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These Will Be the Years: The 100 Greatest EDM Anthems of the ’10s

Counting down the classics that defined the mainstream breakthrough of 21st-century dance

The definition of a true musical moment is that when you’re in the thick of ONE, it really seems like it’s never going to end. Such was the case with the EDM boom of the early 2010s, a movement that established pulsating, treble-soaked electronic dance as not only the dominant form of crowd-pleasing live music, but the contemporary lingua franca for all of pop, and the default mode of the Top 40. The number of many non-club artists that have made EDM-geared singles this decade is as numerous as rock bands who went disco in the late ’70s. When the ’10s get their own Wedding Singer-styled nostalgia fest, you can bet the soundtrack will be overwhelmed with strobe synths and dramatic drops — it has been, simply, the sound of its era.

Yet look at the songs that have scaled the top of the pop charts in 2015: “Uptown Funk!,” “Trap Queen,” “See You Again,” “Thinking Out Loud,” “FourFiveSeconds,” “Love Me Like You Do,” even “Shut Up and Dance.” The one thing they all have in common is that it’s hard to find obvious traces of stadium dance in any of them. The charts haven’t been completely scrubbed of it — David Guetta and Zedd both have singles bouncing around the upper stretches of the Hot 100, though both hits are somewhat lesser replications of the formulas of past successes — but we’ve yet to have one truly massive EDM-influenced hit. (The closest things have arguably come from Flo Rida and Pitbull / Ne-Yo, which should probably tell you something about the epoch being past its cultural peak.) Big-name spinners will long have a home on the festival circuit, but the days of their total mainstream ubiquity may be waning, and the recent trailer for the DJ-focused Zac Efron drama We Are Your Friends reeks pretty seriously of shark-jumping.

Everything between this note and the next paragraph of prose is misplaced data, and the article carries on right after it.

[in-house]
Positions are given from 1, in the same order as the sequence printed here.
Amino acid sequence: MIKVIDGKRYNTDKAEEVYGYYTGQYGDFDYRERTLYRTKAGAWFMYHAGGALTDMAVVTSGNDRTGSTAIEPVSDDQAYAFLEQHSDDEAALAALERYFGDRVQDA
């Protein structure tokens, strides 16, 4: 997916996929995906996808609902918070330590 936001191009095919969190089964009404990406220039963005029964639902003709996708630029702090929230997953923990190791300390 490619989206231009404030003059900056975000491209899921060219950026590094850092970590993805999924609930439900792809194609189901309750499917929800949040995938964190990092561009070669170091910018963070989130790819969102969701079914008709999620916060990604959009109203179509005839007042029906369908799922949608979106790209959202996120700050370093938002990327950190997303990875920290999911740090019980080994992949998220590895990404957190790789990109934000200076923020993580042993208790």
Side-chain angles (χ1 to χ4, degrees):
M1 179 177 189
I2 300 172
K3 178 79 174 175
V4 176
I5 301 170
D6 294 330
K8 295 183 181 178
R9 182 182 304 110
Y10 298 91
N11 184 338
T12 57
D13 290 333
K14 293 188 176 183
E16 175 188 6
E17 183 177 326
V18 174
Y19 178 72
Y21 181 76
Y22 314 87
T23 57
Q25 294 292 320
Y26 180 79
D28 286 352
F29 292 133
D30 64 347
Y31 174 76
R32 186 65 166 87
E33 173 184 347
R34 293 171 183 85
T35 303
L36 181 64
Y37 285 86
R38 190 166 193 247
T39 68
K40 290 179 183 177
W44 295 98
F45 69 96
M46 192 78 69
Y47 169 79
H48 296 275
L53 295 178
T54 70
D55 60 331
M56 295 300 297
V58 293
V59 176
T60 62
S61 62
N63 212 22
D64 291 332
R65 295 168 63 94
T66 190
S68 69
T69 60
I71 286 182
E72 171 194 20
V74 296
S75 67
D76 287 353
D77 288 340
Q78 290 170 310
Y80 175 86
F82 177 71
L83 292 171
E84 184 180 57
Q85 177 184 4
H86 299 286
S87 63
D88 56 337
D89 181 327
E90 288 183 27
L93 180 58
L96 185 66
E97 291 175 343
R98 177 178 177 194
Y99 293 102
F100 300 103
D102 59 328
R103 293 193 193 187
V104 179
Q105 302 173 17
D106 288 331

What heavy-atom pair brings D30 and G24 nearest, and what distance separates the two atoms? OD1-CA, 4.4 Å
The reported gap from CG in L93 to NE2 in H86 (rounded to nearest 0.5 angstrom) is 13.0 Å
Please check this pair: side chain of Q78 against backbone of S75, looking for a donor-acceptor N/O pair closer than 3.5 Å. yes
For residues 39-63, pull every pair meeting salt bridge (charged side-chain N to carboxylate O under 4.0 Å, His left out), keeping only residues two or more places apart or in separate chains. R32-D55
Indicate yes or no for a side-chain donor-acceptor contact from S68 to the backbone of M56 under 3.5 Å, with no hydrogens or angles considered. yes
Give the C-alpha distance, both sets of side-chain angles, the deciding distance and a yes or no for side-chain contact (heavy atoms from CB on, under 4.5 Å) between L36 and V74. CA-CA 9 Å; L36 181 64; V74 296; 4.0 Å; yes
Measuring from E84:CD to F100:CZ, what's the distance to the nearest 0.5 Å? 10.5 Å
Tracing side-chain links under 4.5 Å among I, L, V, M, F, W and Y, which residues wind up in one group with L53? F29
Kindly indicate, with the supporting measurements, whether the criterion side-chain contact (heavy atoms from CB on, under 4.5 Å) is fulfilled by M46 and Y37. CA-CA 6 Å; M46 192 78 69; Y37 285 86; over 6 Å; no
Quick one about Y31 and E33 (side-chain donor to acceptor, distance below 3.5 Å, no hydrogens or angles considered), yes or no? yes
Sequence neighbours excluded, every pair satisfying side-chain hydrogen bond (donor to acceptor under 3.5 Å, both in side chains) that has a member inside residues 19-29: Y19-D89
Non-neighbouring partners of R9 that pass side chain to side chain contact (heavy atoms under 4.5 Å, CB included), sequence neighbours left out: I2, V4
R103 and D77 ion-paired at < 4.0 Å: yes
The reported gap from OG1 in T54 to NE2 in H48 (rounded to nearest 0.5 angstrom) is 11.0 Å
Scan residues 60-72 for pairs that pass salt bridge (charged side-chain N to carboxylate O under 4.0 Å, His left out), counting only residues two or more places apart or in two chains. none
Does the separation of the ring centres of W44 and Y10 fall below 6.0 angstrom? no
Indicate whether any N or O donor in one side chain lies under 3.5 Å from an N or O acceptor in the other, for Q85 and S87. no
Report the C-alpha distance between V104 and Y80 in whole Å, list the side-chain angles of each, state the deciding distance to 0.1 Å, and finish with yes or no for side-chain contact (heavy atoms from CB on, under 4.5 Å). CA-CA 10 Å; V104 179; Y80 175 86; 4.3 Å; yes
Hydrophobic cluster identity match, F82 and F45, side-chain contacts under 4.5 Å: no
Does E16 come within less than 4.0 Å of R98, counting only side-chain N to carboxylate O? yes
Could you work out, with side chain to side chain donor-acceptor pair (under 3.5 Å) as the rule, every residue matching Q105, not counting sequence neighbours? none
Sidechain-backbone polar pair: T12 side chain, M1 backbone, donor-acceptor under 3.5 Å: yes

To celebrate the potentially soon-bygone era of its musical preeminence, we’ve assembled a countdown of the 100 greatest EDM bangers of the first half of the decade. This isn’t a list for the deep cuts or the underground favorites — this is a collection of the biggest set climaxes, the least avoidable hooks, the most compulsory floor-fillers. In the interest of keeping the focus on the beatmakers, most dance flirtations by established pop stars were excluded (sorry, Rihanna, Britney and company). And no, Daft Punk won’t be found here either: “Get Lucky” was a definitive smash of the time, but the whole point of Random Access Memories was that it wasn’t electronic dance music — consider it an honorary number zero if you’d like.

So without further ado: The anthems. If you prefer your dance music heady and challenging, and have been waiting long enough for this time in music history to end that you can’t stand the idea of reliving it already, feel free to sit this one out. Otherwise, grab a beer, strap on something glowing and head out to the middle of the dance floor, because the drop’s about to hit.

100. The Chainsmokers, “#SELFIE”
(Dim Mak, 2014)

Finally, a song that asks life’s important questions: “It’s not even summer, why does the DJ keep on playing ‘Summertime Sadness’?” Yes, the Chainsmokers’ breakthrough hit got tagged for being sexist, but women outside of the one-percent income bracket aren’t likely to identify with its incepted shallowness because no one could — who actually asks for help picking out an Instagram filter? Mainly, meanly, it’s a “Valley Girl” update for guess-which-generation. — DAN WEISS

99. CAZZETTE, “Beam Me Up”
(4th & B’way, 2012)

A zooming, dizzying, higher-than-a-supernova trip, with a two-clap signal to whoever is listening out there that we are ready for our close encounter. “Don’t look down” is just good electro-house policy in general. — ANDREW UNTERBERGER